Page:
- Foundation, and much of nonprofit funding, is money that would have been public money but is now maintained and controlled privately. The primary reason that there’s so much money in these major foundations and philanthropies is that wealthy individuals can avoid being taxed on the money they put into them. There’s also the benefit of being able to funnel that money to organizations that will uphold their personal beliefs rather than letting the public do with it as they will. We can all hem and haw about how much we like or dislike the current American political system, but the reality is, as we learn from people like Mitt Romney, the wealthiest people in this country can often end up paying the least in taxes, while simultaneously tucking large portions of their untaxed wealth away into private philanthropic, political and/or cultural initiatives that promote the donor’s personal beliefs and ideals above the beliefs and ideals of anyone who can’t afford to make the same kind of donations — i.e. the majority of Americans.This is where there’s a direct link between the nonprofit industrial complex and the perpetuation of racism, sexism, religious ideology, etc. The government has privatized a huge swath of social services it had begun to handle in the 20th century, which means independent charities and nonprofits are dictating how basic services are provided to the public (for example, education and health care) and who gets to benefit from those services (think about all the attempts to put strict limits around women’s health issues in the past year, think charter schools that have limited admissions policies, think so-called violence-prevention programs that end up dramatically increasing incarcerations, particularly of men of color, and on and on).While it’s tempting to believe that the arts are of universal value, benefiting everyone and so existing outside of or above the problems I just mentioned, when you start digging into the actual work and machinery of many arts institutions, big red flags start to pop up — board members and major donors who lend artwork for exhibition who go on to sell that work for large profits, organizations that don’t pay artists to create work that the organization has been granted large sums of money to present, though they find enough money in those grants to pay salaries and benefits to large staffs, and of course, the persistent and wide-spread under-representation of artists of color, female artists, queer artists and countless other groups from major arts institutions … among a litany of other problems.
- By focusing so much time and energy on staying in the nonprofit game (i.e. chasing funding opportunities, filling out annual reports for grants, preparing for audits, maintaining a fundraising staff, etc.), those involved have little to no time or energy to devote to changing the model or operating in a completely different way. This is an extension of the second point, but it’s focused on the fact that once you’re on that nonprofit treadmill it takes an enormous amount of will and energy to either get off of it or consider that you could actually do things in a completely different way. And the competition and isolation engendered by the supposed scarcity of resources trumpeted by nonprofit coverage, ends of preventing colleagues from talking with or helping one another. This came up for me most recently in a video recording of a panel discussion that took place at the Brooklyn Museum that featured six female artists working in performance talking about how they produce their work. A large chunk of their discussion ended up focusing on the fact that some of those on the panel had purposely and specifically opted out of taking the 501(c)3 path, while others on the panel had never heard of the alternative models the others on the panel were employing — in other words, they hadn’t had those conversations before, with each other or publicly.While my primary target in this critique is large nonprofit institutions more than artist-led organizations like those represented by the women on that panel, the lesson their conversation demonstrated applies at every level of the arts. It is crucial to stop and ask if the structure of your organization is enhancing your goals or standing in your way. The tacit acceptance over the past three decades that the nonprofit system is the best one to serve the arts is becoming more and more problematic as the nonprofit industry grows, despite reductions in philanthropy and continued government cuts.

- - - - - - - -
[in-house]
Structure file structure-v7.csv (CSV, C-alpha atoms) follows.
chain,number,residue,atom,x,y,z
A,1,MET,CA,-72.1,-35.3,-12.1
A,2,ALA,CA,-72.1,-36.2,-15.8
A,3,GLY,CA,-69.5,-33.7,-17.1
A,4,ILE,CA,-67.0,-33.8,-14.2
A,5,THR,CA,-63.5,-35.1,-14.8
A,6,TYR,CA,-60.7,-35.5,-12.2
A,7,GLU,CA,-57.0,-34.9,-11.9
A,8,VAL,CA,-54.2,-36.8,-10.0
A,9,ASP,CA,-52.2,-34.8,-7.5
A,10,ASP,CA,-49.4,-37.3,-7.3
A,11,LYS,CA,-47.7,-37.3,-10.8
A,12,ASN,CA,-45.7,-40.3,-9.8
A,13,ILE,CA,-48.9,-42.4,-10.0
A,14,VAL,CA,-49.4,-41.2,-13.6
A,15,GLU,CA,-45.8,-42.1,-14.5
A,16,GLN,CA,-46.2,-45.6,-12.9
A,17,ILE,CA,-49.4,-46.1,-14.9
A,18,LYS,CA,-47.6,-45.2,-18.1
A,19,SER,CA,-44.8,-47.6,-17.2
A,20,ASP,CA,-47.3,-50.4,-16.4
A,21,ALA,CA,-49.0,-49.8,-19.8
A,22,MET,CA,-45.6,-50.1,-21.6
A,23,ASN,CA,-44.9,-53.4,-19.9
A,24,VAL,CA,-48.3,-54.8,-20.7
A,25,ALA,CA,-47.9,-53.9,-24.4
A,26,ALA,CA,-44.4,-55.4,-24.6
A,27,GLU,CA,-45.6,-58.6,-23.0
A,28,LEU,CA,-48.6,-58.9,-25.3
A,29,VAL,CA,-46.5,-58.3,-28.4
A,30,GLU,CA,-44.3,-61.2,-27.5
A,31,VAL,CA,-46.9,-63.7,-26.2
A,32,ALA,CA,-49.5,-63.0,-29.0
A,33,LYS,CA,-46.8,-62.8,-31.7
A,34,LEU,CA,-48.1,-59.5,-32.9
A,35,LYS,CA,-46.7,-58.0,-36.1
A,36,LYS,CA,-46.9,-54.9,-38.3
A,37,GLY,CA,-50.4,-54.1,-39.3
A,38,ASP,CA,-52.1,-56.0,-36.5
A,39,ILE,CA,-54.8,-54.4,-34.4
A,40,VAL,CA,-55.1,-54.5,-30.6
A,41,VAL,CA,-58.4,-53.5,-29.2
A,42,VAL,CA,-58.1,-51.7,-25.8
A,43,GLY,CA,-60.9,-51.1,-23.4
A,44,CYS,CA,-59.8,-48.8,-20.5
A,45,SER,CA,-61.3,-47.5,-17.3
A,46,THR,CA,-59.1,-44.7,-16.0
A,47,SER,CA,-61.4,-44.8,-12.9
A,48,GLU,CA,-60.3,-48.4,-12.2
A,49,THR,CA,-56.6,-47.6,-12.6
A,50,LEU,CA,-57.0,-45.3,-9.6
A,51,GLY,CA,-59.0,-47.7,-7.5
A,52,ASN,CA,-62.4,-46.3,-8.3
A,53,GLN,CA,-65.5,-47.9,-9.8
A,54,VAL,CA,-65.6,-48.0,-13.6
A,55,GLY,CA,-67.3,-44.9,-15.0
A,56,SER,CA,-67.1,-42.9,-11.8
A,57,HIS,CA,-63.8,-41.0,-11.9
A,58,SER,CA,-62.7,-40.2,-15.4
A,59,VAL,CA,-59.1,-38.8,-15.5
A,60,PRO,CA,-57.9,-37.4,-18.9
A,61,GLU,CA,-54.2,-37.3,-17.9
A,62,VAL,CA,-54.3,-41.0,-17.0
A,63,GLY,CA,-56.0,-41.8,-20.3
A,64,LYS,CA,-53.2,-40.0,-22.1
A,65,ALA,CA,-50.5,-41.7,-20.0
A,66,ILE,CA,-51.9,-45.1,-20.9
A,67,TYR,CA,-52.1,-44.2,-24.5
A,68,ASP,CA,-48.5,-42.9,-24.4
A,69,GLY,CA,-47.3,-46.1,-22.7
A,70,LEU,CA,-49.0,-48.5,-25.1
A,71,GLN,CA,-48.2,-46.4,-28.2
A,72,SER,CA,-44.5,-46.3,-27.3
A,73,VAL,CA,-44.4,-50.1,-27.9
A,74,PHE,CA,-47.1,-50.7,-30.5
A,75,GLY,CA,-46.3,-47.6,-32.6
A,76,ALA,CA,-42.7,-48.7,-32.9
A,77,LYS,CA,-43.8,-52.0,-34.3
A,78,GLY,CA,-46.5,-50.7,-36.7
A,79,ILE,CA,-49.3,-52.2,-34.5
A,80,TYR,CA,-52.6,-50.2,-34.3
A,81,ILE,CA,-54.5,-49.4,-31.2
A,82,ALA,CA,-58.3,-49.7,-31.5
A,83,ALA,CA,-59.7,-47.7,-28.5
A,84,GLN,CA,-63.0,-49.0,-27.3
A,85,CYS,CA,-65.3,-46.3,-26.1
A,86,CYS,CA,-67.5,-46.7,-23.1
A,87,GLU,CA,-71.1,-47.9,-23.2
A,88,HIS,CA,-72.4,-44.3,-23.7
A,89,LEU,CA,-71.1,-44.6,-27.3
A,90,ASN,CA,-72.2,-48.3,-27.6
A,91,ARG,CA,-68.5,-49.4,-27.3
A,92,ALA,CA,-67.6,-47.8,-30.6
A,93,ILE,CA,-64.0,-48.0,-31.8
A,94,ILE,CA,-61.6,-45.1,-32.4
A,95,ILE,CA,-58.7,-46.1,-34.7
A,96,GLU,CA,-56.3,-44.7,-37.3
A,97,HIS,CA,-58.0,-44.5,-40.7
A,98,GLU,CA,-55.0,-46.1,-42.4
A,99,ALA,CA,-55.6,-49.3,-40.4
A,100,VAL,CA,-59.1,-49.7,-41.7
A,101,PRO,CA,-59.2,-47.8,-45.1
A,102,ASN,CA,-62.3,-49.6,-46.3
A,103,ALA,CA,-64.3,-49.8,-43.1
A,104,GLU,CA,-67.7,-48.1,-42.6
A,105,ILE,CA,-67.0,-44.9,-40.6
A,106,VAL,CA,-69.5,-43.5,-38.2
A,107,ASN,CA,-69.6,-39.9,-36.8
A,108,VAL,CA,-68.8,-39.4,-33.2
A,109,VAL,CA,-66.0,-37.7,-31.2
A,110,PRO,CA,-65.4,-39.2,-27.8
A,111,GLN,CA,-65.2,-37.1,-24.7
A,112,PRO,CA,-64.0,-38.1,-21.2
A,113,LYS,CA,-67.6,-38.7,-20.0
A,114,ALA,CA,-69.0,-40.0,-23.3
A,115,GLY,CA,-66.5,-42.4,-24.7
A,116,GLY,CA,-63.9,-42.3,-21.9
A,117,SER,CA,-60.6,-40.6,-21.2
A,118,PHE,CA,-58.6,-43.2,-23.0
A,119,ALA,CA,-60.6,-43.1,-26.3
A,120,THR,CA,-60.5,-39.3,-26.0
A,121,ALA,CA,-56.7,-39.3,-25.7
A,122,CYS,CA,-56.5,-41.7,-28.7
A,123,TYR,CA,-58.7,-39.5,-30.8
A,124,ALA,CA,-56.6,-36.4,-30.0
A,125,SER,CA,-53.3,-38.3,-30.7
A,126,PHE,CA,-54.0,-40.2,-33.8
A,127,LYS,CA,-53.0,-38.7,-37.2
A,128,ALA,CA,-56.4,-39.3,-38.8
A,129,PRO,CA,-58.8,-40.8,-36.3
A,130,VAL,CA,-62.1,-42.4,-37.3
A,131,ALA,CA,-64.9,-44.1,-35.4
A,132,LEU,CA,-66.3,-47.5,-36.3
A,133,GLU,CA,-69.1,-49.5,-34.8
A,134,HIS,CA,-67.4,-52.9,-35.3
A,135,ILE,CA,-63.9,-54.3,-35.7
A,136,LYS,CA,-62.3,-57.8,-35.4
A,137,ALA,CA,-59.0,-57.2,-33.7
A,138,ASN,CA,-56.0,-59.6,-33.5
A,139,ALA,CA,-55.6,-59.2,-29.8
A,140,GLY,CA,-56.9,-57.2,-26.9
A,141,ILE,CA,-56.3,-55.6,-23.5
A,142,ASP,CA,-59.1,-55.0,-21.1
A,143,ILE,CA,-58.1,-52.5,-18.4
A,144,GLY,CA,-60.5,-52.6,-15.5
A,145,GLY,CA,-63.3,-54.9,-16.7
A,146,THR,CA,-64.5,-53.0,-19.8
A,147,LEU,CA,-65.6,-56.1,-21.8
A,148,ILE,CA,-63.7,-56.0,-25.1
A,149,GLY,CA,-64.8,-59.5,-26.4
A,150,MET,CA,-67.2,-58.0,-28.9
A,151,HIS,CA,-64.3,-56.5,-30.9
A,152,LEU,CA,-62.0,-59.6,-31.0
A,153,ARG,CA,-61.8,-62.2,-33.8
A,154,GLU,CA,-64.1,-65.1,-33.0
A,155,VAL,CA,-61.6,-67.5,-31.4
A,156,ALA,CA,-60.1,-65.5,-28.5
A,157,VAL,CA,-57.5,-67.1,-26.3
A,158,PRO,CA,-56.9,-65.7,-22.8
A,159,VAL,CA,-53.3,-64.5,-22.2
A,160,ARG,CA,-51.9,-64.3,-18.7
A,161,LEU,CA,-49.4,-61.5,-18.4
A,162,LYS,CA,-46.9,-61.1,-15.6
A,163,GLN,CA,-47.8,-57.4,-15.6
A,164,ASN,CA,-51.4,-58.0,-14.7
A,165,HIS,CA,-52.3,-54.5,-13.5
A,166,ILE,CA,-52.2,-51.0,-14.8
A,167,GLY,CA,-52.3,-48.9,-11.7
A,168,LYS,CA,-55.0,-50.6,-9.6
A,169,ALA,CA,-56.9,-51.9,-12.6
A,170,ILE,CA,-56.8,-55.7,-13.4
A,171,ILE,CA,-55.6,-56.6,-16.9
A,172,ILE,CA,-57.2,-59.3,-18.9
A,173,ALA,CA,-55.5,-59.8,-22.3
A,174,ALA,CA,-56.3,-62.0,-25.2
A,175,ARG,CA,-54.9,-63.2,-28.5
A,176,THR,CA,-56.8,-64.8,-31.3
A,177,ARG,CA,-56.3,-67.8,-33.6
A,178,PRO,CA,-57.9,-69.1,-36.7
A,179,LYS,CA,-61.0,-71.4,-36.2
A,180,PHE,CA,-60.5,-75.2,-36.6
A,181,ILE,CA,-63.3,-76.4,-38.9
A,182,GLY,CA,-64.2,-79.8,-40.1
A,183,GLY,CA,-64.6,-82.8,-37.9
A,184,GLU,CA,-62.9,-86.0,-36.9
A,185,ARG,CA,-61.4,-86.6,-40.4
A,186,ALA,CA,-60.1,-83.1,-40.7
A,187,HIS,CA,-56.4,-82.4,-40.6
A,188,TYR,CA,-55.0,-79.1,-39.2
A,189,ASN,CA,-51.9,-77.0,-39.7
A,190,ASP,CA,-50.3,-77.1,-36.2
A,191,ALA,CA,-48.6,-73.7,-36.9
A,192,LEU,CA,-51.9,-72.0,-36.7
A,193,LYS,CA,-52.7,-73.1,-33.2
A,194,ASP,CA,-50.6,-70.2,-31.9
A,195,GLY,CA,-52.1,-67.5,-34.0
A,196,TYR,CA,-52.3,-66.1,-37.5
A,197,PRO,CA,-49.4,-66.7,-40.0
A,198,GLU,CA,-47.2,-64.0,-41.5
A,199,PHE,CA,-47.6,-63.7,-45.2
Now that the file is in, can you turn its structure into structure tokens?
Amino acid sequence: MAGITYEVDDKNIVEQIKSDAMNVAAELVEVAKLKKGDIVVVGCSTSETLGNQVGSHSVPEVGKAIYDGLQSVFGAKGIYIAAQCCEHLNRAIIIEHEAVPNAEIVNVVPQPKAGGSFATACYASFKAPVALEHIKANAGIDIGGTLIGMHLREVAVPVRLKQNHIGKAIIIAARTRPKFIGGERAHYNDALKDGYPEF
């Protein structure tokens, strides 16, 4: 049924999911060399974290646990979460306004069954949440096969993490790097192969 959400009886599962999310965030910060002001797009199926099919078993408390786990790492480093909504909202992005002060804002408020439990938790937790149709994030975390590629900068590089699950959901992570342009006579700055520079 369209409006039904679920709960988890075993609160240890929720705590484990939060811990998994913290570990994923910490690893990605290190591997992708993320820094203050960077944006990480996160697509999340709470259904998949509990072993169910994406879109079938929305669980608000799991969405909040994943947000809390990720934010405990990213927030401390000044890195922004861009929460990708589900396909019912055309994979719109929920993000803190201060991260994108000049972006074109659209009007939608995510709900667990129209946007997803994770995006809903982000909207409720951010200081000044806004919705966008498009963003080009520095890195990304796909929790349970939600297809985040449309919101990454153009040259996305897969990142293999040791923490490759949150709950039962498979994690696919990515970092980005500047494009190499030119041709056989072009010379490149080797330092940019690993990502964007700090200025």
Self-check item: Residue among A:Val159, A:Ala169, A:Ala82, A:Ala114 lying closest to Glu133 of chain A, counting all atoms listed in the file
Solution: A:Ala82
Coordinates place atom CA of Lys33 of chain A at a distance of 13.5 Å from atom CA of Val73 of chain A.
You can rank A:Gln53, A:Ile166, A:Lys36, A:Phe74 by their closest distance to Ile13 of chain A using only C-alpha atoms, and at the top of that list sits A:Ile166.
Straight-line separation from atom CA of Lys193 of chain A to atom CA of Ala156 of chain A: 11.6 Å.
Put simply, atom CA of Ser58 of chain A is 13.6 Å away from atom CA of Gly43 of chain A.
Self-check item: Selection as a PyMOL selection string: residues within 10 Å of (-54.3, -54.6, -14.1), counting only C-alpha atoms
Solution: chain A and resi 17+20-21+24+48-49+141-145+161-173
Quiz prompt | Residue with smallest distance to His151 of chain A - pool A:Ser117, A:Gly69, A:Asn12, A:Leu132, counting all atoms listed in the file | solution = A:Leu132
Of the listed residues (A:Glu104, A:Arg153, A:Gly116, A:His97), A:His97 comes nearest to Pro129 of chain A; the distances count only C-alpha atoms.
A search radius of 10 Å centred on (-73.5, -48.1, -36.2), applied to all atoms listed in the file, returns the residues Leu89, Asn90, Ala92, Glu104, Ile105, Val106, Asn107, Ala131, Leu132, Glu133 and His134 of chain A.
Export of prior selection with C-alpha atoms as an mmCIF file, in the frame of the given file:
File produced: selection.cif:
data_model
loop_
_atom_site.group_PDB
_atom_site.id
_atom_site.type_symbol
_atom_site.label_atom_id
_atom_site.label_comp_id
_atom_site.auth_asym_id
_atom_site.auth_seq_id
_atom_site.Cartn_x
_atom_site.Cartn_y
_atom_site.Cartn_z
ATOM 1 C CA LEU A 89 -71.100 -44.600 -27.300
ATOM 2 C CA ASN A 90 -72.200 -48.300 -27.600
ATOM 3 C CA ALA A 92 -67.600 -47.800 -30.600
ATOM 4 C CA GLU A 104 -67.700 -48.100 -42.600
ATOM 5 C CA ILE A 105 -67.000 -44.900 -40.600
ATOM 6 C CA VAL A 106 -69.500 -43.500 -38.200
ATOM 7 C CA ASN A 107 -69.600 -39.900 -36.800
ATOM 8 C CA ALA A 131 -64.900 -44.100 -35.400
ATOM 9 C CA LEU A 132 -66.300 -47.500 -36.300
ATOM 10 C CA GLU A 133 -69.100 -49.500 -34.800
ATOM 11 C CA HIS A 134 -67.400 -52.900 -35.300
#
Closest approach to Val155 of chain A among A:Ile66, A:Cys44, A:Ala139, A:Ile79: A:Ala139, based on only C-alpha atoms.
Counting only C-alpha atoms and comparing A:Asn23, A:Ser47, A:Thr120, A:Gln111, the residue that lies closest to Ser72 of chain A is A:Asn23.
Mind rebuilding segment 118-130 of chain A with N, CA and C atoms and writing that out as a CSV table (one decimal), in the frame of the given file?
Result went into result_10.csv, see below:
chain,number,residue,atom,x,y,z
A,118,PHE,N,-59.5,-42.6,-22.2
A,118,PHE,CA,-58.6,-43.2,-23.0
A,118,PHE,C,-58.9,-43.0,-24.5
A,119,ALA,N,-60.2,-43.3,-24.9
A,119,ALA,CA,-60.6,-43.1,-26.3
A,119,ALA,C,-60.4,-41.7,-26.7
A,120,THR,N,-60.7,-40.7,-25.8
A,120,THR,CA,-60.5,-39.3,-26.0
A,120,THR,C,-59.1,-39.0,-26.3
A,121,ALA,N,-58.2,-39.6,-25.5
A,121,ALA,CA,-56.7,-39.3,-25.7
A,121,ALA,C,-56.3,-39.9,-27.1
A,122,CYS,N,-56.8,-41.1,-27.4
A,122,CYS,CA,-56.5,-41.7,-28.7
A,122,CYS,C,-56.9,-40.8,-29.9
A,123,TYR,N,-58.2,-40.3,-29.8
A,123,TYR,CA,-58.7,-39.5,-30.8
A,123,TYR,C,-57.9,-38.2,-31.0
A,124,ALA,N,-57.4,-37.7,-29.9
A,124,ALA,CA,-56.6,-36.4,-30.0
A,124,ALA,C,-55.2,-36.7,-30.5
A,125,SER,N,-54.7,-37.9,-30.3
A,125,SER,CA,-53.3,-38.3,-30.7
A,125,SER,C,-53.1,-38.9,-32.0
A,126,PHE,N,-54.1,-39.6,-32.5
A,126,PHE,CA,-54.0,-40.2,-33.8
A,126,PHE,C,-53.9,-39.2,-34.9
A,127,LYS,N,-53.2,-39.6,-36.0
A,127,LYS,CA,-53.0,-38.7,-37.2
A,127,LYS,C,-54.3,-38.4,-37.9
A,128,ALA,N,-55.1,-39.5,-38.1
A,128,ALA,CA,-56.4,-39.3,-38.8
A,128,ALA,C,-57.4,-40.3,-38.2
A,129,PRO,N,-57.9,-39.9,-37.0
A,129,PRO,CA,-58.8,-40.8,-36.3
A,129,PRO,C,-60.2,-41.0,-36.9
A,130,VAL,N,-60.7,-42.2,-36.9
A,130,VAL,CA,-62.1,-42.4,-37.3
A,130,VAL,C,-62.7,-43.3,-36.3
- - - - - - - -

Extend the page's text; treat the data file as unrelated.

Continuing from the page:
The final section of the book offers perspectives on how some social justice groups navigate outside the nonprofit industry, as well as how others have created blended models that partially incorporate 501(c)3s. All of which prompts some important questions: Why does the nonprofit structure have to mimic corporate structure? Could you work within that structure to place artists and community members on the board and in leadership roles? Are you working to preserve a salary or to pursue a mission? And are your goals served by having to maintain a staff, be subject to the demands of funders, and adopting someone else’s leadership model? Certainly these are difficult questions, but they’re worth asking rather than accepting a status quo that seems to be driving many organizations further from their missions.
There’s much more than can be gained from this book, besides the exposure to the work of the organizations represented by those who contributed for those who aren’t aware of their work, but it’s best to explore the rest through reading.
The Revolution Will Not Be Funded: Beyond the Non-Profit Industrial Complex is available at South End Press and other online booksellers.